How to Fix the Funk in your Business / Managing / Last Modified: February 22, 2017

The dictionary defines a "funk" as a low or depressed mood, and that certainly matches the mindset at millions of small companies...

The dictionary defines a "funk" as a low or depressed mood, and that certainly matches the mindset at millions of small companies nationwide. Sure, government statisticians have declared the recession officially over. Feel better now?

Not likely.  Employees these days are feeling overworked, under-appreciated, and skeptical.  And despite the hopeful talk of recovery, they remain anxious, distrustful, and worst of all, disengaged.

So why should it matter how your employees feel, as long as they show up and do their jobs? The answer is productivity. Research from Gallup estimates that disengaged employees are costing their companies big bucks -- as much as one out of every three dollars you spend on payroll. 

Think about what's happening at your business.  Are you throwing away a third of your entire payroll due to simple negativity? And whether that funk has descended recently or has been there all along, you need to face it and change it.  

Here's what happened, says employee motivation guru Jon Gordon. For years, small business owners and managers were focused on the numbers, and the numbers were good. So morale was up and everyone was happy. "But then the recession hit and the numbers went down," says Gordon, who advises major corporations on building a more positive company culture. "Well, when you're focused on numbers and they're going down, morale also goes down. So does engagement and so does performance."

Bottom line: That workplace funk could be sapping your cash flow at a time when every penny still counts.

To right the ship, you need to change your leadership focus.  The new focus, explains Gordon, should be on culture. It should be on purpose and morale and loyalty. And all of that boils down to two words: engaged relationships.

Here are three rules to follow:

Positive communication kills negativity: Recovery or no recovery, these are uncertain times. Employees are wondering what's going to happen next, whether their jobs will be impacted, and what action to take. That uncertainty creates a void. Unless you fill the void with clear, positive information, people will assume the worst. Negativity will dominate everyone's thoughts and actions.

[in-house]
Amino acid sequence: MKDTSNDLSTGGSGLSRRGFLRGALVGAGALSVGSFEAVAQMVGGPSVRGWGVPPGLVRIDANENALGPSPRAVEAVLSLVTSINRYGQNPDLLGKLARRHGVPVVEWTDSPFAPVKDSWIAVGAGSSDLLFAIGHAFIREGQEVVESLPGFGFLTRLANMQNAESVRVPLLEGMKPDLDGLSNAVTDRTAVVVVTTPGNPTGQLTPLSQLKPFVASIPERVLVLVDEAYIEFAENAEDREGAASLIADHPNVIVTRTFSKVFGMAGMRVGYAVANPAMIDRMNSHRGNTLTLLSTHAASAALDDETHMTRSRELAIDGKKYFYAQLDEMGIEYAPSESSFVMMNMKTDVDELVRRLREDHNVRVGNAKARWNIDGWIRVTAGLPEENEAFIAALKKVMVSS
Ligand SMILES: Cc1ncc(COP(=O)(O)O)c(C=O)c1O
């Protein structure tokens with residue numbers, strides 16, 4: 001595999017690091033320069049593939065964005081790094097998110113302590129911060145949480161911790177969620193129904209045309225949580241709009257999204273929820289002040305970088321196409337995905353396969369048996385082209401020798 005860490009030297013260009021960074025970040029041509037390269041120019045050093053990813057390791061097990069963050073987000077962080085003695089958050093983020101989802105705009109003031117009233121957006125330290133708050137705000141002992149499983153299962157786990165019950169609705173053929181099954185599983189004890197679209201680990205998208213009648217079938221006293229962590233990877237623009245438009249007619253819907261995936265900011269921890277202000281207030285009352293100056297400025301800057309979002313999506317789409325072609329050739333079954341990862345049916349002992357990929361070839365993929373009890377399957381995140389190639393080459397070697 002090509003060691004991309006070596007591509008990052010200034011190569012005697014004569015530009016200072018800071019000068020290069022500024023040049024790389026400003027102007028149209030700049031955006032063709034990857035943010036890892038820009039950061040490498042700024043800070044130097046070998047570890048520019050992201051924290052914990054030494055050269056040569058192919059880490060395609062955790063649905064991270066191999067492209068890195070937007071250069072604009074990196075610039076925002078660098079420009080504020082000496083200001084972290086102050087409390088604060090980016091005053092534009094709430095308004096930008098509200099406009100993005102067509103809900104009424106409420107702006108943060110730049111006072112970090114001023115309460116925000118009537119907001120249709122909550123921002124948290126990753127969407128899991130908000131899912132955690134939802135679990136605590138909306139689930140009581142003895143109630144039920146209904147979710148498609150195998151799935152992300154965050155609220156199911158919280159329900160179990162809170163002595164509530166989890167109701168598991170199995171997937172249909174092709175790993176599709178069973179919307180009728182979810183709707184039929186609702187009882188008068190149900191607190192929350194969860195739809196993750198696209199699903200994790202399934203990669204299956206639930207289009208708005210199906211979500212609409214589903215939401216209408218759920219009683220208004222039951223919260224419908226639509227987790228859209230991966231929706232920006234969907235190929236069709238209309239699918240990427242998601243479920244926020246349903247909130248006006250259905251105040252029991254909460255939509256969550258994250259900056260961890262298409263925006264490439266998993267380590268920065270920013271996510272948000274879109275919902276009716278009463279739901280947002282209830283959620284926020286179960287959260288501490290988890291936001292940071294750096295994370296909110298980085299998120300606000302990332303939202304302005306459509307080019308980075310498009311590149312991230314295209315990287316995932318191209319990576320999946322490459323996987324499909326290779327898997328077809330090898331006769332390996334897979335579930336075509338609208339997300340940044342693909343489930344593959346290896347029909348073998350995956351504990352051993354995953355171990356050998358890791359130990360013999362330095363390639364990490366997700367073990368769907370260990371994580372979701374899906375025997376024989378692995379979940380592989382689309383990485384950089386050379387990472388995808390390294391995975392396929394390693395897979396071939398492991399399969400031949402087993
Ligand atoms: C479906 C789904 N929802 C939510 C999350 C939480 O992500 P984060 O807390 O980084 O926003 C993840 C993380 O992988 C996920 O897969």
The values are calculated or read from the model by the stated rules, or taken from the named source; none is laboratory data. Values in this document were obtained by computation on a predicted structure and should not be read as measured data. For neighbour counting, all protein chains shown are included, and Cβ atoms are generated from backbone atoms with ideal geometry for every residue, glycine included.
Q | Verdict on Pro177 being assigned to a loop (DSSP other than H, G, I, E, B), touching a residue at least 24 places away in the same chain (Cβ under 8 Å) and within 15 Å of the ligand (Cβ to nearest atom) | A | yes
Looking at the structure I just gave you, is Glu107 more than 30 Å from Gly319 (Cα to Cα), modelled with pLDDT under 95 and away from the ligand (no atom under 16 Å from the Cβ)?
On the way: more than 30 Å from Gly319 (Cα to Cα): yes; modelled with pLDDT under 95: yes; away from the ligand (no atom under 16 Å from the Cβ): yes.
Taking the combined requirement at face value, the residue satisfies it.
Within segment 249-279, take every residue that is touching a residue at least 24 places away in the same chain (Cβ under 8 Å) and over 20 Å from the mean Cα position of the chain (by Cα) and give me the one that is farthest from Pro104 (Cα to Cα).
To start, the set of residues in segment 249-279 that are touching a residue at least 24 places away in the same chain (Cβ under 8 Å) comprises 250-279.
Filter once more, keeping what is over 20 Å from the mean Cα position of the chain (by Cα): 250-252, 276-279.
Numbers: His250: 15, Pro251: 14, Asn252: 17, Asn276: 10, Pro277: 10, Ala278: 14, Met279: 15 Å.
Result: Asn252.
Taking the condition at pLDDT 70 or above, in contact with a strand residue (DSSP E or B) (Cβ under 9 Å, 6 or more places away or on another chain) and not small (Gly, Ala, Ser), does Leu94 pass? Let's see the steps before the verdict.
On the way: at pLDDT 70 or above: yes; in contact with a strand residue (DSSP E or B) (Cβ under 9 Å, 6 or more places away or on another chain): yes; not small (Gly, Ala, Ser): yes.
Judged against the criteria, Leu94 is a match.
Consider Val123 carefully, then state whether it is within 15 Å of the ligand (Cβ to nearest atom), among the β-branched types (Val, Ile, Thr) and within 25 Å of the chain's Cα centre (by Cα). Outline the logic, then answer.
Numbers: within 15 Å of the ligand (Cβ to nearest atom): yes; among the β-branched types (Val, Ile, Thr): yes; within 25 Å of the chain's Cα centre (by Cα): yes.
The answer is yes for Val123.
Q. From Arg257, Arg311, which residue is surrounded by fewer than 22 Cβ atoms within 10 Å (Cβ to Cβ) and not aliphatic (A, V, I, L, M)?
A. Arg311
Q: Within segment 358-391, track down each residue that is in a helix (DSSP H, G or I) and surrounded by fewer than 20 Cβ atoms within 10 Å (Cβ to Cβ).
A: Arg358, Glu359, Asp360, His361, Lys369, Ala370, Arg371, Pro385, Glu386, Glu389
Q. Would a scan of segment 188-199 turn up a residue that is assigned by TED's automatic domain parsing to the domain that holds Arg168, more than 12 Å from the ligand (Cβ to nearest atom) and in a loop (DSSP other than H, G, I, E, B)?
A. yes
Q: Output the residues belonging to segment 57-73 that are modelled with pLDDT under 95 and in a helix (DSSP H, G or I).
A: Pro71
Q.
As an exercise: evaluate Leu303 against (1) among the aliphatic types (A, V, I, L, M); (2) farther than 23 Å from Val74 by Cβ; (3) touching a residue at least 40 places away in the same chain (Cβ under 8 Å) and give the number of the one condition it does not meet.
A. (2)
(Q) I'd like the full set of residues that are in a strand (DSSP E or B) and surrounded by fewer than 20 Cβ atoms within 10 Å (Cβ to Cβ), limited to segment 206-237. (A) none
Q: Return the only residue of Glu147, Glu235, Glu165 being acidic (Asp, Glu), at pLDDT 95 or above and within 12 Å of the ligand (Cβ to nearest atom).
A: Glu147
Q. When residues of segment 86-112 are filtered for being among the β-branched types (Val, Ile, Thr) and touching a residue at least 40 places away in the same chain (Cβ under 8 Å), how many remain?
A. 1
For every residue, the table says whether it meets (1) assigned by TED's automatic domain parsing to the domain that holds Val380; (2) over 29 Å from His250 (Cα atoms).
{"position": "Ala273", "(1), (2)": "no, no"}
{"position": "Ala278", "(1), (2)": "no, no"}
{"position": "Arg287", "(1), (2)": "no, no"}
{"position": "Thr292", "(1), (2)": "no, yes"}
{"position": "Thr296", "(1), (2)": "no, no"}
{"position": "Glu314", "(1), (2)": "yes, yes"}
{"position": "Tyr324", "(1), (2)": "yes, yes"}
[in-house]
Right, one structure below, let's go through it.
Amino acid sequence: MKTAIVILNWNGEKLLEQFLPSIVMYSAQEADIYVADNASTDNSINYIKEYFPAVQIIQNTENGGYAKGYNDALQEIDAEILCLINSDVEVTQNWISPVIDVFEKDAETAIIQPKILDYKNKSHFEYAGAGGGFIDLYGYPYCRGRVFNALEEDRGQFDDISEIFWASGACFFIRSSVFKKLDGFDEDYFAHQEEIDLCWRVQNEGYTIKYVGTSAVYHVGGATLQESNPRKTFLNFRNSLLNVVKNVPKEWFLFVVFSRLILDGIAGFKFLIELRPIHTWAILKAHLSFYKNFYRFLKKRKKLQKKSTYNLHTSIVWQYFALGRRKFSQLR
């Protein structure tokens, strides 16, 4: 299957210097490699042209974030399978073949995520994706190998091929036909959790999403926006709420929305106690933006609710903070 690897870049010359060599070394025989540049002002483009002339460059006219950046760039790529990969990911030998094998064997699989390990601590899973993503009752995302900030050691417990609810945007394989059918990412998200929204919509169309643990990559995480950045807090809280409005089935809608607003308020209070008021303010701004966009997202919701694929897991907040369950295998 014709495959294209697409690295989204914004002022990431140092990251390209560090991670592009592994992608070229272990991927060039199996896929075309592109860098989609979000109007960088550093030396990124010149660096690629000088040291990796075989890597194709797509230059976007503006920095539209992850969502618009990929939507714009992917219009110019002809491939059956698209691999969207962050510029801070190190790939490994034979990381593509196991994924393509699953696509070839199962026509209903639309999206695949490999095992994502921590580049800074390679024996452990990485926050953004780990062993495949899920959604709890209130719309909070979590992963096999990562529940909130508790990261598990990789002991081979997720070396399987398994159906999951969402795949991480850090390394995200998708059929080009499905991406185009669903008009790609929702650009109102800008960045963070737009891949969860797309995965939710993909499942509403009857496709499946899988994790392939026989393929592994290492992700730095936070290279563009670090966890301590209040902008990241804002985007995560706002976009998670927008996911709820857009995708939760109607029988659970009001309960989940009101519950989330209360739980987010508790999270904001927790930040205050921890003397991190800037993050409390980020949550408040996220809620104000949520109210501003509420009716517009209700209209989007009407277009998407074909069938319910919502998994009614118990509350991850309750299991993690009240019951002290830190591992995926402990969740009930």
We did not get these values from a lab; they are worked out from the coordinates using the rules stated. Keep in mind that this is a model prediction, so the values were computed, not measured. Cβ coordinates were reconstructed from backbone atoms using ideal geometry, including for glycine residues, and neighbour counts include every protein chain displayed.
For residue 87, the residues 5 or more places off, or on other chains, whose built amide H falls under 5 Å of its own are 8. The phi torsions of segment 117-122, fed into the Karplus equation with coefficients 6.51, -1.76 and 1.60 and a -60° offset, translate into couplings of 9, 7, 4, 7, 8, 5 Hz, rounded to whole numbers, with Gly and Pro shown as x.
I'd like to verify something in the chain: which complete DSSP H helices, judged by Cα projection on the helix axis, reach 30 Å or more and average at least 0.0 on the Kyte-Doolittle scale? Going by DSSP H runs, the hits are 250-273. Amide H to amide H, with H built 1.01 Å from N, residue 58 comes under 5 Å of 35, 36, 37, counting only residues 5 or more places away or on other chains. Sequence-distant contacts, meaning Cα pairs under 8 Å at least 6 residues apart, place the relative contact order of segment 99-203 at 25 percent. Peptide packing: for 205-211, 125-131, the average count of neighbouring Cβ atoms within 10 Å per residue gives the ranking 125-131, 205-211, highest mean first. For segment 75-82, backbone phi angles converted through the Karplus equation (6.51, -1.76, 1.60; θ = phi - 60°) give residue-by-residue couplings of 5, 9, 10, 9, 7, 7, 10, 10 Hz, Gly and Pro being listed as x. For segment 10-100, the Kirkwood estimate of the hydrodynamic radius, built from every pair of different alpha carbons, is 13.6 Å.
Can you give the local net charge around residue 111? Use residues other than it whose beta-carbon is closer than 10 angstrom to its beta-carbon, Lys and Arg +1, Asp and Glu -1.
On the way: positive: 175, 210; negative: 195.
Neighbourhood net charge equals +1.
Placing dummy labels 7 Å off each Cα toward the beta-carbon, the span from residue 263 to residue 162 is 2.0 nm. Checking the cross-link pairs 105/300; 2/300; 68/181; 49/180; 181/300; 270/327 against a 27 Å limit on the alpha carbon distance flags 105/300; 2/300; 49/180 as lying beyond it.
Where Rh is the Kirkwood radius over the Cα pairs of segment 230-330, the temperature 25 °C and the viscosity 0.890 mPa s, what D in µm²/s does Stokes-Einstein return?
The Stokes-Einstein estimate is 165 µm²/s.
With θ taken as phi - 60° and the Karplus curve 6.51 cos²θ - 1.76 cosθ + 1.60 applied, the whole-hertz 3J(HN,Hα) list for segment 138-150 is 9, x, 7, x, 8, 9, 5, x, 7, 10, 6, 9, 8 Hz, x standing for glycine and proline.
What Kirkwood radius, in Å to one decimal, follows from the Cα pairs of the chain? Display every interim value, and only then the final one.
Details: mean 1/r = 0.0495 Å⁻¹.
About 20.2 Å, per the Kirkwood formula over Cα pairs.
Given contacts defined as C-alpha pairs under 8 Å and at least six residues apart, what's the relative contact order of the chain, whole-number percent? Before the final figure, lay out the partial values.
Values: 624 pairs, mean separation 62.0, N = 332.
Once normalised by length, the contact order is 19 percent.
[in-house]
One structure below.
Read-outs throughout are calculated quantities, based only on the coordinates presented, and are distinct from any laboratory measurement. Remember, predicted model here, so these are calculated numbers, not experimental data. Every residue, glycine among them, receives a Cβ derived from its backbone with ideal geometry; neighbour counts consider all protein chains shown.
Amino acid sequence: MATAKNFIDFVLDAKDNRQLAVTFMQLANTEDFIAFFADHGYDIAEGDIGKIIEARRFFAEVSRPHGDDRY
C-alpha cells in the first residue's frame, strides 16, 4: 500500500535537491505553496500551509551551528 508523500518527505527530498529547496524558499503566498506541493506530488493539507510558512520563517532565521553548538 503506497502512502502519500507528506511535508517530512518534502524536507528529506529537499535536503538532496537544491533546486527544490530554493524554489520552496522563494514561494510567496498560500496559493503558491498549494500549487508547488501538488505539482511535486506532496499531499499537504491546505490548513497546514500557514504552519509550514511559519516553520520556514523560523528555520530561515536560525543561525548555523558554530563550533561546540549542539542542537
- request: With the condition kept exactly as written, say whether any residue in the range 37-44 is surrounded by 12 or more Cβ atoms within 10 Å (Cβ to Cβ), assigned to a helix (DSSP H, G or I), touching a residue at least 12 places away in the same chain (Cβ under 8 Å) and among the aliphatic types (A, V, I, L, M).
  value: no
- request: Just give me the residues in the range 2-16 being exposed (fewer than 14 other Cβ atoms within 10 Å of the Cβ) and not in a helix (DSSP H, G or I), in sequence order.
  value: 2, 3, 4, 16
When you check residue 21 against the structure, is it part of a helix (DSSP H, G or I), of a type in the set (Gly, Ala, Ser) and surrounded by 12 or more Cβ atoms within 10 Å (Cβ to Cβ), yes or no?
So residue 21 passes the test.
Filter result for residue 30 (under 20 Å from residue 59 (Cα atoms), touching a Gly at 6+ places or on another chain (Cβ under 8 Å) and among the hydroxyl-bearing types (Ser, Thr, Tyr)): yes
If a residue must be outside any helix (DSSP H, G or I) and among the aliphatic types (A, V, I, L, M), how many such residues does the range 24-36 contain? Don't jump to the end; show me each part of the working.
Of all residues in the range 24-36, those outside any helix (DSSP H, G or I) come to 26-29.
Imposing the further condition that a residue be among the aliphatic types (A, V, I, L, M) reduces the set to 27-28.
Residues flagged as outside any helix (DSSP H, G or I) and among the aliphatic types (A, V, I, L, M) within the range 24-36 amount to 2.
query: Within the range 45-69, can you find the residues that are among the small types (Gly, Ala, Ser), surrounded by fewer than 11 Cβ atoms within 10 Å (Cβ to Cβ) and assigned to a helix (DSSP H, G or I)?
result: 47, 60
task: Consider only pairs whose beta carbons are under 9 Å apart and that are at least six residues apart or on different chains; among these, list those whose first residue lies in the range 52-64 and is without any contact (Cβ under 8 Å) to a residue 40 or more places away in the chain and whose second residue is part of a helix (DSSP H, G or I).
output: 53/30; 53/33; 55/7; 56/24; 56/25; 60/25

"The number one thing a manager can do during times of uncertainty is to communicate with transparency, authenticity, and clarity," says Gordon. Even when the news is not so positive, you can communicate it positively: Tell the truth, give everyone a plan, and help them believe.

Employees need nourishment to thrive. Most employees just want to know this: Do you care about me; can I trust you? If your answer is yes, your employees will be more likely to become contributors to your success. Employees who feel cared for and nourished are more engaged in what they're doing and will work to their highest potential.  "Learn to view your employees like family," says Gordon. "This will change the way you treat them."

Workplace relationships count: Avoid appearing constantly stressed and overworked. With projects to complete, to-do lists to accomplish, goals to hit and outcomes to achieve, business owners and managers sometimes throw employees under the bus as they rush toward the next deadline.

"In times of busyness and stress, the brain goes into survival mode, and we stop thinking about serving other people, mentoring them, and helping them thrive," says Gordon. "This is where we drop the ball. Just when we need to be the most engaging, we become the least engaging. What our employees need the most, we're delivering the least. And so the problems grow and multiply."

Remember that it's not the numbers that drive people, but people and relationships that drive numbers.

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